This review of Duets for Lovers and Dreamers was written by Cameron Woodhead and first published in The Age on Tuesday 23 November 2010. The full review is now published on Behind The Critical Curtain. Please see it in its original context here.
This shimmering suite of short scenes appears to take guidance Walter Pater’s well-known maxim: “All art constantly aspires towards the condition of music.” A chamber piece composed in an elusive key, it bends every instrument of the theatre into ephemeral harmonies where love rises to meets death, and memory imagination.
Duets for Lovers and Dreamers gambles with sentiment and usually wins. The opening sequence, “Nana in Knapsack” introduces a young woman (Katherine Tonkin) climbing a Scottish crag to scatter her grandmother’s ashes. Her nana’s ghost (Helen Morse) echoes her progress against video projections of blasted heaths, as their speech wuthers into the whistling wind.
The vocal emulation of natural elements is weirdly enriching, and in the second scene “The Storm”, Matt Cornell’s dance adds a new layer of performance. With muscular grace, Cornell flows through counter-currents of desire and drowning, as Phillip McInnes transmutes himself. First McInnes is a camp dolly soliciting sailors, then a puff-chested picture of naval machismo. Finally, he resolves into the strange aquatic warbling of a siren, beckoning victims to a watery tomb.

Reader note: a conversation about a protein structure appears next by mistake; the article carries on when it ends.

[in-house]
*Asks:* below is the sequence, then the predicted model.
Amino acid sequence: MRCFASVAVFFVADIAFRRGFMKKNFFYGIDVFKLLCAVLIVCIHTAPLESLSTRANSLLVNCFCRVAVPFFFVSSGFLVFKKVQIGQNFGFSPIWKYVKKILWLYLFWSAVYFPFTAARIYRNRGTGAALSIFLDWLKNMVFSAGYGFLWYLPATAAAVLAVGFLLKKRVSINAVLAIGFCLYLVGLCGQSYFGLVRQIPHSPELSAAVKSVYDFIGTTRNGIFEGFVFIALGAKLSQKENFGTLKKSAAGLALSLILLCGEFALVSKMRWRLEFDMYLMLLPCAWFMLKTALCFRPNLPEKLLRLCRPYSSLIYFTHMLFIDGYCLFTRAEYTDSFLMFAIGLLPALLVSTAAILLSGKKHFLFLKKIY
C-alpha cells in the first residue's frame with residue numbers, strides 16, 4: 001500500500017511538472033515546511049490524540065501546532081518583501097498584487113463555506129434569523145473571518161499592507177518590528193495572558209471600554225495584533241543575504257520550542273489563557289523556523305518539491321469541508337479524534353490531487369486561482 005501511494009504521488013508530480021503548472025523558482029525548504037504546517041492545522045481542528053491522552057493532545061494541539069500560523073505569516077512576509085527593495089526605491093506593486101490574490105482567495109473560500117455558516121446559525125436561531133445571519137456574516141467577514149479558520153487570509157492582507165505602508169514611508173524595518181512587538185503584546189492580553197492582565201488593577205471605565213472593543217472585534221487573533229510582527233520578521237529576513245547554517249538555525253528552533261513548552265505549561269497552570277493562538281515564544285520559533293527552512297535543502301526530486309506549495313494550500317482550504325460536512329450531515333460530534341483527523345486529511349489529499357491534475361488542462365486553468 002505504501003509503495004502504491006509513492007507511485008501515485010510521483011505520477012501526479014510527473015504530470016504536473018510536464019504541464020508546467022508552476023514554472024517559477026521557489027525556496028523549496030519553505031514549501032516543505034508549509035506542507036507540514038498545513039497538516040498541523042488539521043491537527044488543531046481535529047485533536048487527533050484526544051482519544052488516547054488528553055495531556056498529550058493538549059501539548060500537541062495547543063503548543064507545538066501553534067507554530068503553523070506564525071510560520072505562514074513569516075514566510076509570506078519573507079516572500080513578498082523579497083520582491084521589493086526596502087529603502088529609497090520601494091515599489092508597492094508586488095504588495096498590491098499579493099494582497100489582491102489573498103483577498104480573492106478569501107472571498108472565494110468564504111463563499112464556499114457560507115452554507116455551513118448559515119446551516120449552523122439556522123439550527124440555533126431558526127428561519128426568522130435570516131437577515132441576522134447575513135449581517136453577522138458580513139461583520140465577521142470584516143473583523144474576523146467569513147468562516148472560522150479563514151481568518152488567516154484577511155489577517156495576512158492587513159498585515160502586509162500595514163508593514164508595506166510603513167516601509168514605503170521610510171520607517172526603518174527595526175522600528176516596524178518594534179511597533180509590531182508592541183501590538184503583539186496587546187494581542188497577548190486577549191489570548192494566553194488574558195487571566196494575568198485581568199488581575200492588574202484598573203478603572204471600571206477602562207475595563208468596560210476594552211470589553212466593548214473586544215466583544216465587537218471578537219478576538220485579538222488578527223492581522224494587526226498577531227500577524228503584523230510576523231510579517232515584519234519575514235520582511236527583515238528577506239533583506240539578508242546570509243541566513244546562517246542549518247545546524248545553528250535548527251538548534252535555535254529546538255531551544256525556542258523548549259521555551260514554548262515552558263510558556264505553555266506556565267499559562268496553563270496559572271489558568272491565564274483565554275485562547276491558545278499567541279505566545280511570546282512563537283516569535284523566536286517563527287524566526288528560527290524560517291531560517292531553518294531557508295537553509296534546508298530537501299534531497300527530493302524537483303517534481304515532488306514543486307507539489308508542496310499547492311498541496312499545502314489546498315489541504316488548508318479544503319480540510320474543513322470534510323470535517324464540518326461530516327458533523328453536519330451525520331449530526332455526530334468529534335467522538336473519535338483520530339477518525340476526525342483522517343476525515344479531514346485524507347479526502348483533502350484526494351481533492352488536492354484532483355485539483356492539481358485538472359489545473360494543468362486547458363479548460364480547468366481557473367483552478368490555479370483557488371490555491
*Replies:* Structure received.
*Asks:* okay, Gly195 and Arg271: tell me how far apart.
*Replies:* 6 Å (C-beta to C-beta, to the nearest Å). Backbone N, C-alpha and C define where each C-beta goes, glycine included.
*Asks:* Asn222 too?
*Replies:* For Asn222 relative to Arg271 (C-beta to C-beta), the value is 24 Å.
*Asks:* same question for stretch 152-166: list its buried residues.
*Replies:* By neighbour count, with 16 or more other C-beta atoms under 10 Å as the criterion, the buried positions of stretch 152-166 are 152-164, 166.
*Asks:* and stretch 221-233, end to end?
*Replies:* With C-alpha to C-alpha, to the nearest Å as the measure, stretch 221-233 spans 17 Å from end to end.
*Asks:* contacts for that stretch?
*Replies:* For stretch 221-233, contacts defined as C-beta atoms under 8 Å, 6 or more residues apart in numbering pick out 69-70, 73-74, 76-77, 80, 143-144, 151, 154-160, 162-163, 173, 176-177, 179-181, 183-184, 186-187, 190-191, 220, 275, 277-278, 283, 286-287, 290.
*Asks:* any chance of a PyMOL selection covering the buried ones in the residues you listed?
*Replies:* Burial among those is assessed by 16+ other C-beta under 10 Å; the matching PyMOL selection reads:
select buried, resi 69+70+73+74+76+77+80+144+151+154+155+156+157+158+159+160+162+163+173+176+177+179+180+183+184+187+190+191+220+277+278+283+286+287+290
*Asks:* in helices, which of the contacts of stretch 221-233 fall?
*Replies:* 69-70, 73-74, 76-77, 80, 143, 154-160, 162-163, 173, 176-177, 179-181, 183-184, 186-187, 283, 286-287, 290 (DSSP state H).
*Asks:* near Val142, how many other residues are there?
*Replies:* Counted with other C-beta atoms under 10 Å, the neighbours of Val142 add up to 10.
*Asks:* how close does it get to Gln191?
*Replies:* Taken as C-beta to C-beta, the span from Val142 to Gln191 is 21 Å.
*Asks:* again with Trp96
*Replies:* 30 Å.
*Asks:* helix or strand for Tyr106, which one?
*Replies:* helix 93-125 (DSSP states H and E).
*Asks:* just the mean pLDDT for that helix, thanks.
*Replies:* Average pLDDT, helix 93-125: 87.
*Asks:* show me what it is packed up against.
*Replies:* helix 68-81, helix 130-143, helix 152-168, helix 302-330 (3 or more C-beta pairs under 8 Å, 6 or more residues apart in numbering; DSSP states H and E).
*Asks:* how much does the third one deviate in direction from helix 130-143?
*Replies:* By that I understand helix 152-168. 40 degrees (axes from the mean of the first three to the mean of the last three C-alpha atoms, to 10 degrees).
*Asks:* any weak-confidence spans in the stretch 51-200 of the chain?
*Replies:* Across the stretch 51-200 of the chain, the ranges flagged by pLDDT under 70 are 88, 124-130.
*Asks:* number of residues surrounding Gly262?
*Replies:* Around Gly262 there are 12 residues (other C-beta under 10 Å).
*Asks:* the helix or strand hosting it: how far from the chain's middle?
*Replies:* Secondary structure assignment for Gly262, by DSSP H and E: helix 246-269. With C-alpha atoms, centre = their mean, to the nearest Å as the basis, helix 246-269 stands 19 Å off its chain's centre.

It’s at this point you begin to realise the brilliance of the production design. The chiaroscuro of Richard Vabre’s lighting, and Nick Verso and D.B. Valentine’s thoughtful projections, continue to riff off the material, but Emily Barrie’s set makes the screen a profound part of the performance. Spectral scrawl appears, an egg; large concentric circles are cut out of the screen, revealing new screens behind, as if the show were burrowing into the bole of an ancient tree.
This is, in fact, where we end up. Scenes build: a mesmerising performance from Morse as a war widow, taking tea with her silent husband; a dialogue between a mother and her younger self; and a comic interlude where an awkward courtship at a bistro is refracted through the metaphor of fish in a bowl.
Fittingly, the last movement is a fugue. A girl up a tree (Tonkin) dreams of the world above and below. Her flight of fancy takes her high into the clouds and the galaxies beyond them, and down into overheard cracks in neighbours’ lives. The remaining performers provide a sussurating chorus, swaying between spoken word, onomatopoeia and song.
Naomi Steinberger’s direction keeps each strain of the piece in synchrony, forging a euphonious, ruminative and dream-like theatre.